If you are simply uninterested in recording your waking life as an artist, an interesting alternative to keeping a regular journal is to keep a dream journal. Many times your subconscious is trying to tell you something when you have a creative drought. If you are attuned to it, you can find out exactly what it is by recording the dreams you are having. An excellent resource for understanding dreams is the book Conscious Dreaming, by Robert Moss. It goes in depth about how to become conscious within your dreaming life, as well as how to interpret what they might mean.
Curiously enough, when playing music came to a standstill last year, I had a dream that manifested itself into the basic outline for an entirely different project. I then was able to map out a ten-episode plot for a graphic novel, which I am currently working on with a graphic artist. In this instance, I went from a creative standstill musically to a flood of creativity in a completely different medium. Similarly, Einstein was said to have drawn deep insight from his dream-life, constructing his ideas about relativity from an early morning dream. Watch the movie Waking Life, directed by the great Richard Linklater for a surreal and visceral adventure into the dreamscape.
Exercise, meditation and music for me are also key motivators in my creativity.
If you keep your body fit through exercise, you will find it easier to write and less tired than you get from watching television for two hours. Practicing meditation and “getting away” from constant stimulation via television, radio and advertisements helps create a palette in which the inner psyche can create art. A great place to go is the ocean to clear your mind. There are free ways to keep in shape, instead of buying a gym membership that will be a drain financially. This will be covered in the chapter on exercise.
There will be days that you just won’t want to create art. I’ve heard stories about professional writers who force themselves to write a certain number of pages per day. I leave this to your discretion. Remember that you are not yet a professional. My argument is that if you feel unable to create art, it is probably for a good reason. Personal problems, depression, and the like are often conduits for art to take shape. But if these issues become too much of a weight on your shoulders, perhaps you should look to friends and family for help before inadequately dealing with it alone. Can art be forced? I suppose it can, but what will be the result is something that is not necessarily something you will be happy with. A good example of melancholy art is one of my favorite singer-songwriters, Elliot Smith. Almost every song he wrote is drenched with beauty and sadness. His death seemed untimely and yet somehow poetic.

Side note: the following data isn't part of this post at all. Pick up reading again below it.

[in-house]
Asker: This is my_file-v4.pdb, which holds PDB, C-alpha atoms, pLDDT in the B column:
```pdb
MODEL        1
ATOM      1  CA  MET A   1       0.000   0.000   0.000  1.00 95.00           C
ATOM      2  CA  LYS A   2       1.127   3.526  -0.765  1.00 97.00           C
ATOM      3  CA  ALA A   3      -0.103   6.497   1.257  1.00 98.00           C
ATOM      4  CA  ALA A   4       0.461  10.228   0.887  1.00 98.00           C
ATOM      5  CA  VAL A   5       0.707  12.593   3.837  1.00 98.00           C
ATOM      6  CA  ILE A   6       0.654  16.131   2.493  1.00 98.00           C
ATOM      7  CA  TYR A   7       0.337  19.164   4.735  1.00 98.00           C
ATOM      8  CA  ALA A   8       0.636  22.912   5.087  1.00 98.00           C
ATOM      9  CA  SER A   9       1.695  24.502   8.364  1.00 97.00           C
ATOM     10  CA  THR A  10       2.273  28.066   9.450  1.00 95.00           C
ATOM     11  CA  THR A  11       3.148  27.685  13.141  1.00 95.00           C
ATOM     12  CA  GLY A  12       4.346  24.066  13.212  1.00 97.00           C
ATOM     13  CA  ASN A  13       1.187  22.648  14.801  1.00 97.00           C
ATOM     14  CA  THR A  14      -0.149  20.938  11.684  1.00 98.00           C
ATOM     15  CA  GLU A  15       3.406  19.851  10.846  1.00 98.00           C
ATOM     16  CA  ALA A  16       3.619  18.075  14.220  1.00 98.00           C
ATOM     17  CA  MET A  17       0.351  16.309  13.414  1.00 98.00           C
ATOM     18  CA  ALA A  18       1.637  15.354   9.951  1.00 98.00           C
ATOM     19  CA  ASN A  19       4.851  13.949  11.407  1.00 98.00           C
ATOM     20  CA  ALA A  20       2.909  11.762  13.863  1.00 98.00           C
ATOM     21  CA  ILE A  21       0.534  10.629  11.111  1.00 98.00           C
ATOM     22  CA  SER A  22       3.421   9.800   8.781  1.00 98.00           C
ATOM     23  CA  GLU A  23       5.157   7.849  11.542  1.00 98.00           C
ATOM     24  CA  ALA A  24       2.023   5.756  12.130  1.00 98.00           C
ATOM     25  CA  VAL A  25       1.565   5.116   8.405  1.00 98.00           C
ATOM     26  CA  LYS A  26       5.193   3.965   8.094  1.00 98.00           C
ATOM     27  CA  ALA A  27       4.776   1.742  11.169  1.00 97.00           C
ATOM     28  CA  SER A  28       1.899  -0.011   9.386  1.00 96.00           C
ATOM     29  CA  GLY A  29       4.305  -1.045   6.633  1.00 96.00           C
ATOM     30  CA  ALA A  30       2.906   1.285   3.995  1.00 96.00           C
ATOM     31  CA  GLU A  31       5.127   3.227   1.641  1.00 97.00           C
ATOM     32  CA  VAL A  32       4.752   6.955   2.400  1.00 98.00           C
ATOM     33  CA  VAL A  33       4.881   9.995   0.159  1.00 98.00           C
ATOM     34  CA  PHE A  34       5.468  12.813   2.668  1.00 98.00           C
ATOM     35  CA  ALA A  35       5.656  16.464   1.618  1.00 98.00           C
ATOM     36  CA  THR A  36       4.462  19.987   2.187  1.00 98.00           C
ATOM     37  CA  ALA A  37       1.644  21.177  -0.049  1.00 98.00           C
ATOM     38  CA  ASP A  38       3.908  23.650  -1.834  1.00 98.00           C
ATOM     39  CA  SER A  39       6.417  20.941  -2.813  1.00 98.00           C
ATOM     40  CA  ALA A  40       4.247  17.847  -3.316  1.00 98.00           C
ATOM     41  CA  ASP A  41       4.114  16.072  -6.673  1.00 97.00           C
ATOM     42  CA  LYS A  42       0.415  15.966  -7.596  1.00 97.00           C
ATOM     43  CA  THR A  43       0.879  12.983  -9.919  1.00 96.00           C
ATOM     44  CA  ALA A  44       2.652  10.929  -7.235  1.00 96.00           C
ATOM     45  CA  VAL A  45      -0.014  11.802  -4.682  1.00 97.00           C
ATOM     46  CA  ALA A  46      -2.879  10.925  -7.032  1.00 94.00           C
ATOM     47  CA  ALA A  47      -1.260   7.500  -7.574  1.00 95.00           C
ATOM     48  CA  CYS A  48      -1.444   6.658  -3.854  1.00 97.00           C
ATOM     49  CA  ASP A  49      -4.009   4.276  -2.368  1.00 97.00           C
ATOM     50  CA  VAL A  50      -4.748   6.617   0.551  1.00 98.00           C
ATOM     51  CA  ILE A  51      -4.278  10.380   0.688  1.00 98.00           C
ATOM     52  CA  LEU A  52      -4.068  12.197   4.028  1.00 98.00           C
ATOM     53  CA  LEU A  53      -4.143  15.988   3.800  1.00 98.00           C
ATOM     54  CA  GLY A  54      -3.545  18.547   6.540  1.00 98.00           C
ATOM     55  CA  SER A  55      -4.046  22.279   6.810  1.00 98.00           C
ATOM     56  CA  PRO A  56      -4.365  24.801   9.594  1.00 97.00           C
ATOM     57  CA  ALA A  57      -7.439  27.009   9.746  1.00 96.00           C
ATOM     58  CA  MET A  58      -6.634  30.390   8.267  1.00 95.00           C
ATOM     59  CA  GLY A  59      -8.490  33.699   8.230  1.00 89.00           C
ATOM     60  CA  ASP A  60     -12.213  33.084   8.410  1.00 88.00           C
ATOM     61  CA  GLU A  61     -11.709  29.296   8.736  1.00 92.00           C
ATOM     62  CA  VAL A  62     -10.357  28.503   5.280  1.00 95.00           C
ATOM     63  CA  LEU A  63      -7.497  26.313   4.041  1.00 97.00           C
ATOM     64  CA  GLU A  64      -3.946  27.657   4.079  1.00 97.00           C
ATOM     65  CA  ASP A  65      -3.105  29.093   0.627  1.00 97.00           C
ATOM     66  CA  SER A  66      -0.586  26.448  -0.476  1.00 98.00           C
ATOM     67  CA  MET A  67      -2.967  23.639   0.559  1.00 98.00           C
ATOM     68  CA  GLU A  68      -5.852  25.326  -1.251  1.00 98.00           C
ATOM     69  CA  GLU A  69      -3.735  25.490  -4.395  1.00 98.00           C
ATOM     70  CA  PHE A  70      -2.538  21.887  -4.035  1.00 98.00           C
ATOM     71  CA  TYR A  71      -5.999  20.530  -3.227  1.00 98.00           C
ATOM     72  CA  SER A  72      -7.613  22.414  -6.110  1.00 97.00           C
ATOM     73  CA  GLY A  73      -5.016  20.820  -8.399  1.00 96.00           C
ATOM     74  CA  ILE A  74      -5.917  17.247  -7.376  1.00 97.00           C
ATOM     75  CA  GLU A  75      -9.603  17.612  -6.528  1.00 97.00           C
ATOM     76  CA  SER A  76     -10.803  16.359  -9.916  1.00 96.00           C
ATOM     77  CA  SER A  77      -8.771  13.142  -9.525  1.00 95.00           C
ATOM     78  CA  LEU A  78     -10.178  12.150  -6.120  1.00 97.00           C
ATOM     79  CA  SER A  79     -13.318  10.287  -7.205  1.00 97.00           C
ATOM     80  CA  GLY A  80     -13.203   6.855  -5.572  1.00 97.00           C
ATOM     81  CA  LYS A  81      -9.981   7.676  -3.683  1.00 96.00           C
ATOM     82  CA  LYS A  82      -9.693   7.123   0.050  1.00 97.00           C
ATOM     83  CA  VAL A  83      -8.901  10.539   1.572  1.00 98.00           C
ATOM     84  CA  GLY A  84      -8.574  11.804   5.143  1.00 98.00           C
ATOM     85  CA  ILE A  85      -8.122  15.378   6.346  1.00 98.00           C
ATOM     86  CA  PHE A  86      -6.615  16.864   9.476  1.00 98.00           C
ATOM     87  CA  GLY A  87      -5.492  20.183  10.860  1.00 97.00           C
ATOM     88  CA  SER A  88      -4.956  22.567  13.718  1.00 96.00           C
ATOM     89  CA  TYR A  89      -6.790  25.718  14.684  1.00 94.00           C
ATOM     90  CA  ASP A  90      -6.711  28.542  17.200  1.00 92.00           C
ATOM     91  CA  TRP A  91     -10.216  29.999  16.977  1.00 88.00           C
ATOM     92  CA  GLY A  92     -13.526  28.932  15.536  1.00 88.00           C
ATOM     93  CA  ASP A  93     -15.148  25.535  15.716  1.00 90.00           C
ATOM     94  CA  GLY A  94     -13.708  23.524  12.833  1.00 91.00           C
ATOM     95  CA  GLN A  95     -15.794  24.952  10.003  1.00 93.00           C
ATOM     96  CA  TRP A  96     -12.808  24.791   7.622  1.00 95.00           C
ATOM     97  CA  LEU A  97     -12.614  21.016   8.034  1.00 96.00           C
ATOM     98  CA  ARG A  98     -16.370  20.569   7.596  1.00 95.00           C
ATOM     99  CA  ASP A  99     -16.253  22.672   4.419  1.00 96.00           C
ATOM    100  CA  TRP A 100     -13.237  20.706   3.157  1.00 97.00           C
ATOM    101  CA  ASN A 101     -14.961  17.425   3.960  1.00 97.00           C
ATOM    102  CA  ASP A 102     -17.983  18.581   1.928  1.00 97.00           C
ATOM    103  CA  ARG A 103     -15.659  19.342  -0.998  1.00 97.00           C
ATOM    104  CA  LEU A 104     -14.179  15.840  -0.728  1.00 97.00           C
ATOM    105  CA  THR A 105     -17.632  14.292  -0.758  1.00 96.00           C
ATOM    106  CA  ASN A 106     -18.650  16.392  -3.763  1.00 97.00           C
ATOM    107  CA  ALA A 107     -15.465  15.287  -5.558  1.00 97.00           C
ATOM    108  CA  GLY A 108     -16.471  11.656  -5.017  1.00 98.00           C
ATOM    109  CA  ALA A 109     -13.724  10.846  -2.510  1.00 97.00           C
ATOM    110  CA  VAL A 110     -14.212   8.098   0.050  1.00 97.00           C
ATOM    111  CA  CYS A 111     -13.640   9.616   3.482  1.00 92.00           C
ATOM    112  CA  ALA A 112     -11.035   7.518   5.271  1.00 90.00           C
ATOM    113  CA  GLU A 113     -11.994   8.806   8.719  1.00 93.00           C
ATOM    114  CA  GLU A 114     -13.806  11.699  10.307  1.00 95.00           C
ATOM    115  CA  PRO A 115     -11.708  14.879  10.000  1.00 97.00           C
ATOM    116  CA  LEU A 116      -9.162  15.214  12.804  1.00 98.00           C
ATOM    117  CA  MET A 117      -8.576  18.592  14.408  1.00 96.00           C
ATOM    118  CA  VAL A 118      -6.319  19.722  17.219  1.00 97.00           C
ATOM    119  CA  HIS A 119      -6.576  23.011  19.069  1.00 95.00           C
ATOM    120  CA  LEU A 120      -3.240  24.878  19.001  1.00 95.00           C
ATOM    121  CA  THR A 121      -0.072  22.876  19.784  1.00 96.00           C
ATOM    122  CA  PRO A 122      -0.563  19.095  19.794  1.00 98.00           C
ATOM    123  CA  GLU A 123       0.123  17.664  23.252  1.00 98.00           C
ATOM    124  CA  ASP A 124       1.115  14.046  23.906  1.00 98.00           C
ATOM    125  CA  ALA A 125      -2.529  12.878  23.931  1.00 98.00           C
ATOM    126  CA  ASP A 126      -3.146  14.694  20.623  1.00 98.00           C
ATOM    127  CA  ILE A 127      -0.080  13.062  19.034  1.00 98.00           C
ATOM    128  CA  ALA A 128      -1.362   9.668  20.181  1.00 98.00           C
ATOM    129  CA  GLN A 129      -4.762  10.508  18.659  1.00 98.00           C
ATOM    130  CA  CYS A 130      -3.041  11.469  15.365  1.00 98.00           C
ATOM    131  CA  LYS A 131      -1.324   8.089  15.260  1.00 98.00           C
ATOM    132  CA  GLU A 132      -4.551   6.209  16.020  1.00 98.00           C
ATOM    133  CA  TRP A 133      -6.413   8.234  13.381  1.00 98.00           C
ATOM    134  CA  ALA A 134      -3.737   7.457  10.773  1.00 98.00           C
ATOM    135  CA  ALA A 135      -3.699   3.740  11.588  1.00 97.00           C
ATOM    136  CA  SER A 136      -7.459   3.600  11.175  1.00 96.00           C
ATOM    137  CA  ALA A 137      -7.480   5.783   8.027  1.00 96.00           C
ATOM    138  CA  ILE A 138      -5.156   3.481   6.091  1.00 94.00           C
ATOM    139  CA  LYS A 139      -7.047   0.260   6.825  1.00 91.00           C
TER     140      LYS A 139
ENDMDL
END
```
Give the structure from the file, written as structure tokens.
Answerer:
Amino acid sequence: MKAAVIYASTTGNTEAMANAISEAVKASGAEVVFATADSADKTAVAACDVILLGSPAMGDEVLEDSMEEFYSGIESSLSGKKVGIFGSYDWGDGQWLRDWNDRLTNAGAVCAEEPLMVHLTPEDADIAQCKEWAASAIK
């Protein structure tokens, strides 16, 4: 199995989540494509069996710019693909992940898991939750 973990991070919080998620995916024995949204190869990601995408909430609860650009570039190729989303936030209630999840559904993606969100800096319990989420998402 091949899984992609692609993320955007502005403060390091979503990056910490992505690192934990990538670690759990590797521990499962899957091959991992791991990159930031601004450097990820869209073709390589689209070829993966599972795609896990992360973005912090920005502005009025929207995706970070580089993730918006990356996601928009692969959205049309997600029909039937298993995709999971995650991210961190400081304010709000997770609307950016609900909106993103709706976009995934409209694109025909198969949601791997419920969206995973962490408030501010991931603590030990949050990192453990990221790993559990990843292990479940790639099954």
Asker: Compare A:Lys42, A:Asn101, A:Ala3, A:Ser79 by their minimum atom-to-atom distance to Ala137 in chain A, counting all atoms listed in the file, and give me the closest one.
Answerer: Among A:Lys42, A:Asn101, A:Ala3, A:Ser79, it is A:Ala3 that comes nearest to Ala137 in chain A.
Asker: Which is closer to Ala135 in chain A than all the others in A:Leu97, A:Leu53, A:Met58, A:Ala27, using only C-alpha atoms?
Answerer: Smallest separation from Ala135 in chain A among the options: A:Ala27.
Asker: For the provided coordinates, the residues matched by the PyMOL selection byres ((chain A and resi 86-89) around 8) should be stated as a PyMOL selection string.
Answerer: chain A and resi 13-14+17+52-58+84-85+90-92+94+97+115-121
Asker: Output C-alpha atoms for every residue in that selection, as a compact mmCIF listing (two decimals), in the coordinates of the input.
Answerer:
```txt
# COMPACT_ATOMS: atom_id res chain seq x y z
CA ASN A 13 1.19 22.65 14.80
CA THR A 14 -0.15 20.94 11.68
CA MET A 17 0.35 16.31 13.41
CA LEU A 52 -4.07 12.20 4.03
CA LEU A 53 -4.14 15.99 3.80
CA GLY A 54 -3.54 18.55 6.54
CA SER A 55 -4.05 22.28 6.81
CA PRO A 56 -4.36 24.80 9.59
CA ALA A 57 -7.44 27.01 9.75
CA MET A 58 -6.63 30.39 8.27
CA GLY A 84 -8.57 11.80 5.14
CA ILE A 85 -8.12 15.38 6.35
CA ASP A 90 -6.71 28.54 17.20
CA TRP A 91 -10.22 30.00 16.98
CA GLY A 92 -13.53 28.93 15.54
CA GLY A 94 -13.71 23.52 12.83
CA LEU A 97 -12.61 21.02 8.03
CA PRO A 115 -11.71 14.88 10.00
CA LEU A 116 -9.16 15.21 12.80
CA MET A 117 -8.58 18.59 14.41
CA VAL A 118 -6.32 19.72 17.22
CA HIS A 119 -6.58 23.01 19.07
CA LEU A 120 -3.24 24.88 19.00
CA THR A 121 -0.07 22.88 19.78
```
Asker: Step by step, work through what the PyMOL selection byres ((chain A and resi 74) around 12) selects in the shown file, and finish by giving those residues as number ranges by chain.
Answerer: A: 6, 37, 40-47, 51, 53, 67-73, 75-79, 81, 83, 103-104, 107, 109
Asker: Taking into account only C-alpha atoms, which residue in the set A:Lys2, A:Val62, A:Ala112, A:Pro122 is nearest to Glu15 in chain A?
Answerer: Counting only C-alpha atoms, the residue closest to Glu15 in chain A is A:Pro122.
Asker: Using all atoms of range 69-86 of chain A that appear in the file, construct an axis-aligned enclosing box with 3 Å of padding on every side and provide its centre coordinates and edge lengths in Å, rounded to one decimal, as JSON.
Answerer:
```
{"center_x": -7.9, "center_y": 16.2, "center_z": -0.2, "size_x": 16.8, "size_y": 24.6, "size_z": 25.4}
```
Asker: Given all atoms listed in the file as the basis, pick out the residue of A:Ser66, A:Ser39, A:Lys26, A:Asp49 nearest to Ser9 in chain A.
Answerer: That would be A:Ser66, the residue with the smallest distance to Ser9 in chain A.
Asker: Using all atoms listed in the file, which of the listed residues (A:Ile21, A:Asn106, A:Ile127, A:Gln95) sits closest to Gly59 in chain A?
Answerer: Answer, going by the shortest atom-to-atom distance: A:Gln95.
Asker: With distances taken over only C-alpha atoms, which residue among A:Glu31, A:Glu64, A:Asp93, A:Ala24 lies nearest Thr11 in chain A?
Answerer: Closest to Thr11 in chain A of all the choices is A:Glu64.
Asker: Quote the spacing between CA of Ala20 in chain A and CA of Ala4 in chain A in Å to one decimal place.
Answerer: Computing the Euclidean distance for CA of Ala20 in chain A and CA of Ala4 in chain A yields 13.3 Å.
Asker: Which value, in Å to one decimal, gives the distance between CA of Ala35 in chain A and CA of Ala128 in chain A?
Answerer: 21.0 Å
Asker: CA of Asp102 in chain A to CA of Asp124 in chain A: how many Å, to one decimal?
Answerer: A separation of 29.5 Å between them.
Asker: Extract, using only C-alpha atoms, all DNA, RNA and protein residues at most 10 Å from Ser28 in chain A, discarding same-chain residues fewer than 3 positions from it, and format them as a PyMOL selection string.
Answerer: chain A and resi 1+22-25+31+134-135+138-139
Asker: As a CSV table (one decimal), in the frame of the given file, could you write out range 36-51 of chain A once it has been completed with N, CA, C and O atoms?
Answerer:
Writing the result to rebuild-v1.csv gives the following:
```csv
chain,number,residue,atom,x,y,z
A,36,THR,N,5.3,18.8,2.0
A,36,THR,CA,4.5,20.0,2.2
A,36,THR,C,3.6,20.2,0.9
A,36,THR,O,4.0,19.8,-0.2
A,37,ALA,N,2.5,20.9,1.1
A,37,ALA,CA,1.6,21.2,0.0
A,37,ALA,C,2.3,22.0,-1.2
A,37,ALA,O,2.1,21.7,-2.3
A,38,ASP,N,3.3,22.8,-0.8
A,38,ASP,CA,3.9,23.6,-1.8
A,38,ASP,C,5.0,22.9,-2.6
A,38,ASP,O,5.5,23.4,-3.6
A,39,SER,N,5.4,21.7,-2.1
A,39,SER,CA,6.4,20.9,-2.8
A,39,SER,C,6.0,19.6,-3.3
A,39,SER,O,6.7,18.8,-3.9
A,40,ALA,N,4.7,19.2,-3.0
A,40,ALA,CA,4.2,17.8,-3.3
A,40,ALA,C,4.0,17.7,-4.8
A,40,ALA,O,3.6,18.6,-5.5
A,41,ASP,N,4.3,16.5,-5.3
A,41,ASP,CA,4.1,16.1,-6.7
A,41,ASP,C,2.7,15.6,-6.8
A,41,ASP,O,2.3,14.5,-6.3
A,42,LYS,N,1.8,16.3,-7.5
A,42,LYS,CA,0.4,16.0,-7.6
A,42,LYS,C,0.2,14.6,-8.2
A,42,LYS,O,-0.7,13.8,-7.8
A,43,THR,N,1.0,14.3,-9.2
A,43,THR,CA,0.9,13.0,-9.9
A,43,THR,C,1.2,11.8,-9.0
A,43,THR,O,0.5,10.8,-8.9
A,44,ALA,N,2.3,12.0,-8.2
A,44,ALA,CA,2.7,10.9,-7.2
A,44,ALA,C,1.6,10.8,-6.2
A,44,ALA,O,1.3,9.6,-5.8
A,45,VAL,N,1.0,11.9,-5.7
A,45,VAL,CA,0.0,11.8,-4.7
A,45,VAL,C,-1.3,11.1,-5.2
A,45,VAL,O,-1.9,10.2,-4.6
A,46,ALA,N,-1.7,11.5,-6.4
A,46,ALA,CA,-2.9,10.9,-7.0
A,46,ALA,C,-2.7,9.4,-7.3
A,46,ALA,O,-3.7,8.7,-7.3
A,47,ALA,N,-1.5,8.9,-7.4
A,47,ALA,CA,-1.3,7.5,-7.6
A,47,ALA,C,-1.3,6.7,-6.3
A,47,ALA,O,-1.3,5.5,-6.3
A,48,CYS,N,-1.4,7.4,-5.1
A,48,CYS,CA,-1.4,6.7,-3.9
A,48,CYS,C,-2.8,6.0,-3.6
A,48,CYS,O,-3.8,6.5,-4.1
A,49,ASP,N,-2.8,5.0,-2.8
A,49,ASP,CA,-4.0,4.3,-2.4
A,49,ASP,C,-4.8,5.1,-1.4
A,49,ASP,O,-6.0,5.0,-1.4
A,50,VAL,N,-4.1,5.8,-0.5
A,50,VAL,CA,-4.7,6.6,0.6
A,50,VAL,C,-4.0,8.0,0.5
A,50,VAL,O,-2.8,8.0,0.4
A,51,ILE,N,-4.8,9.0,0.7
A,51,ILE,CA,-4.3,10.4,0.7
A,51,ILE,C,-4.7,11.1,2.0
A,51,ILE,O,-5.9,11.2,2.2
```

Always remember that eventually, creativity will come flowing like water that bursts through a dam. It also pays to change mediums every once in a while; next time you can’t write a song but still feel inspired, try painting or drawing or writing. Creative forces usually directs themselves, and you must be there with the right materials.
The tried and true best way to defeat writer’s block, or any creativity block for that matter, is to actively experience art being performed by professionals. On any given night in New York City, you can attend any of the events listed below. A source for this can be going to see an author do a free reading, or go to a professional artist’s gallery. Personally, going to see an improv-comedy show is the equivalent of an adrenaline shot to my creative ego. Something about creating successful art on the turn of a dime in the form of gut-laughs inspires and renews my own artistic endeavors. It is more real and more powerful than any episode of Saturday Night Live I’ve ever seen. You can also see tapings for most of your favorite talk shows for free by getting tick
ets ahead of time online. Seeing live music also has a similar effect on my ability to create art. It takes away the camera lens between the audience and the musician, creating a visceral and entirely unique event in time and space that a recording cannot match in the slightest.